ALL AROUND HER WAS THE ROAR OF THE helicopter and the smell of her own lost blood. Fourteen-year-old Patricia Bowen focused her frightened eyes on the flight nurse crouched over her head. “Am I going to die?” she asked. Patricia had been stabbed twelve times and was bleeding from her neck, chest, abdomen, and hands. As the helicopter flew at 130 miles per hour toward Houston’s Hermann Hospital, nurse Georgie Brown grabbed IV’s and began pumping fluids into Patricia. “No, honey,” replied Georgie. She carefully locked eyes with her patient. “Hang in there. Don’t give up.”

Slightly more than half an hour earlier, Patricia had answered the door of her middle-class home amid tall pine trees in northwest Houston. A fifteen-year-old boy stood before her. He asked her for a cold drink. Reluctantly, she agreed. Once they were in the house, the boy grabbed her, held her to his chest, and slit her throat with a knife. Again and again he stabbed her. Twice she felt the knife rip into her chest. When she held up her hands to protect herself, he slashed her fingers. Then he fled through the front door. Patricia stumbled after him, collapsing on the front lawn. A neighbor ran over, took one look at Patricia’s bloodstained body, and telephoned 911 for help.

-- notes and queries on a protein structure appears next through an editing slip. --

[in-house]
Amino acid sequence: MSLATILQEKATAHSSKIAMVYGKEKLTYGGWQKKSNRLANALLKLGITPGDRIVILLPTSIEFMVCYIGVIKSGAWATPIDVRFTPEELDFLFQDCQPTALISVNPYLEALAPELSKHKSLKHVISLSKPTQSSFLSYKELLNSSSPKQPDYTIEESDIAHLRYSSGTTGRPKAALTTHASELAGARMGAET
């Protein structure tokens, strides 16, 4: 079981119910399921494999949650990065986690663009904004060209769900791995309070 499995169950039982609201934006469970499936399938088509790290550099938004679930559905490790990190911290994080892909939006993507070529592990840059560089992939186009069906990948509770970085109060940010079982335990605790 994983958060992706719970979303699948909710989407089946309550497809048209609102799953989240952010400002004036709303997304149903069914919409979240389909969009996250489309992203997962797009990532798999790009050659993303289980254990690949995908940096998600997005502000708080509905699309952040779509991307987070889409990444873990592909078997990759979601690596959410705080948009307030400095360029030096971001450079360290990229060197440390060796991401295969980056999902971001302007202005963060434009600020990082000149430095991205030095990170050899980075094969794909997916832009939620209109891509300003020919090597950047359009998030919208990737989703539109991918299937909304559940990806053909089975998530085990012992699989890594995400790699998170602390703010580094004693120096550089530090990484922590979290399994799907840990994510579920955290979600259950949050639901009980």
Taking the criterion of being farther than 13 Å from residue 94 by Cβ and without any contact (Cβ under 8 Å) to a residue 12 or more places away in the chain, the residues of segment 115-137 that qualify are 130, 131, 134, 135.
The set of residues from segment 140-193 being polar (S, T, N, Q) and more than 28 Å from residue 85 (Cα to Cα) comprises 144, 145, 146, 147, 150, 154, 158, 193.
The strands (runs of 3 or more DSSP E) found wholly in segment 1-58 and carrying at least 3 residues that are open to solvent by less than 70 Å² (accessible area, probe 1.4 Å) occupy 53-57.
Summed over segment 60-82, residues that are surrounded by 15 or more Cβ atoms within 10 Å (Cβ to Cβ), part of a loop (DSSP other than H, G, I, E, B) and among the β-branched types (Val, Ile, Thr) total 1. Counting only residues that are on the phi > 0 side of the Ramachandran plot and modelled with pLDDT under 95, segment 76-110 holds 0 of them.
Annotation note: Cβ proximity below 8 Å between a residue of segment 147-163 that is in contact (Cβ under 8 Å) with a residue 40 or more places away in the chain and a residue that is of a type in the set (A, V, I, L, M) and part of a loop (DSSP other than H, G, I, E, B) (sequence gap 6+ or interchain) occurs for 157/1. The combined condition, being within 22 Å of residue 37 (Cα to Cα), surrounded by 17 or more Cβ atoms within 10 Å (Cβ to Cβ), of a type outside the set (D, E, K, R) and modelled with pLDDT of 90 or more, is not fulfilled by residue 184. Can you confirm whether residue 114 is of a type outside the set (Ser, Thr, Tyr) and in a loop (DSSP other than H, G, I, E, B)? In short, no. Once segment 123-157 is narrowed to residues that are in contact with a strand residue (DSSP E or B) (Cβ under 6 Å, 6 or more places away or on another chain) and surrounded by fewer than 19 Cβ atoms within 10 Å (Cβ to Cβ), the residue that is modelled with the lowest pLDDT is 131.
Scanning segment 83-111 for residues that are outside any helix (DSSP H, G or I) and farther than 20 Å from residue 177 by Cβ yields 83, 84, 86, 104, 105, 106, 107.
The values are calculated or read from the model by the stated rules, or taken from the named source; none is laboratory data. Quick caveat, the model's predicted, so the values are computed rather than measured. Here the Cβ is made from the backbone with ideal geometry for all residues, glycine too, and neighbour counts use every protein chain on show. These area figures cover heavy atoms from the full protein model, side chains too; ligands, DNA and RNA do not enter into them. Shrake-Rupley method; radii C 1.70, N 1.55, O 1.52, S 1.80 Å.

Georgie Brown’s pager went off with a high-pitched whine at 2:19 p.m. on December 10. Within five minutes, Georgie, paramedic Guy Stevenson, and pilot Taylor Jordan converged on the helipad of Hermann Hospital and were soon lifting off. In flight, Georgie and Guy checked their equipment, popped their fingers into rubber gloves, and listened to information via radio about Patricia’s condition from an Emergency Medical Service ground crew. What they heard from the para-medics wasn’t good. Patricia’s blood pressure was dangerously low, between fifty and sixty, and there were decreased breath sounds in her left lung. She was bleeding to death. Inside the helicopter, Georgie’s and Guy’s adrenaline levels soared like those of a couple of runners trapped behind the starting line. Nothing focuses the mind and heightens the physical senses as does the battle with death.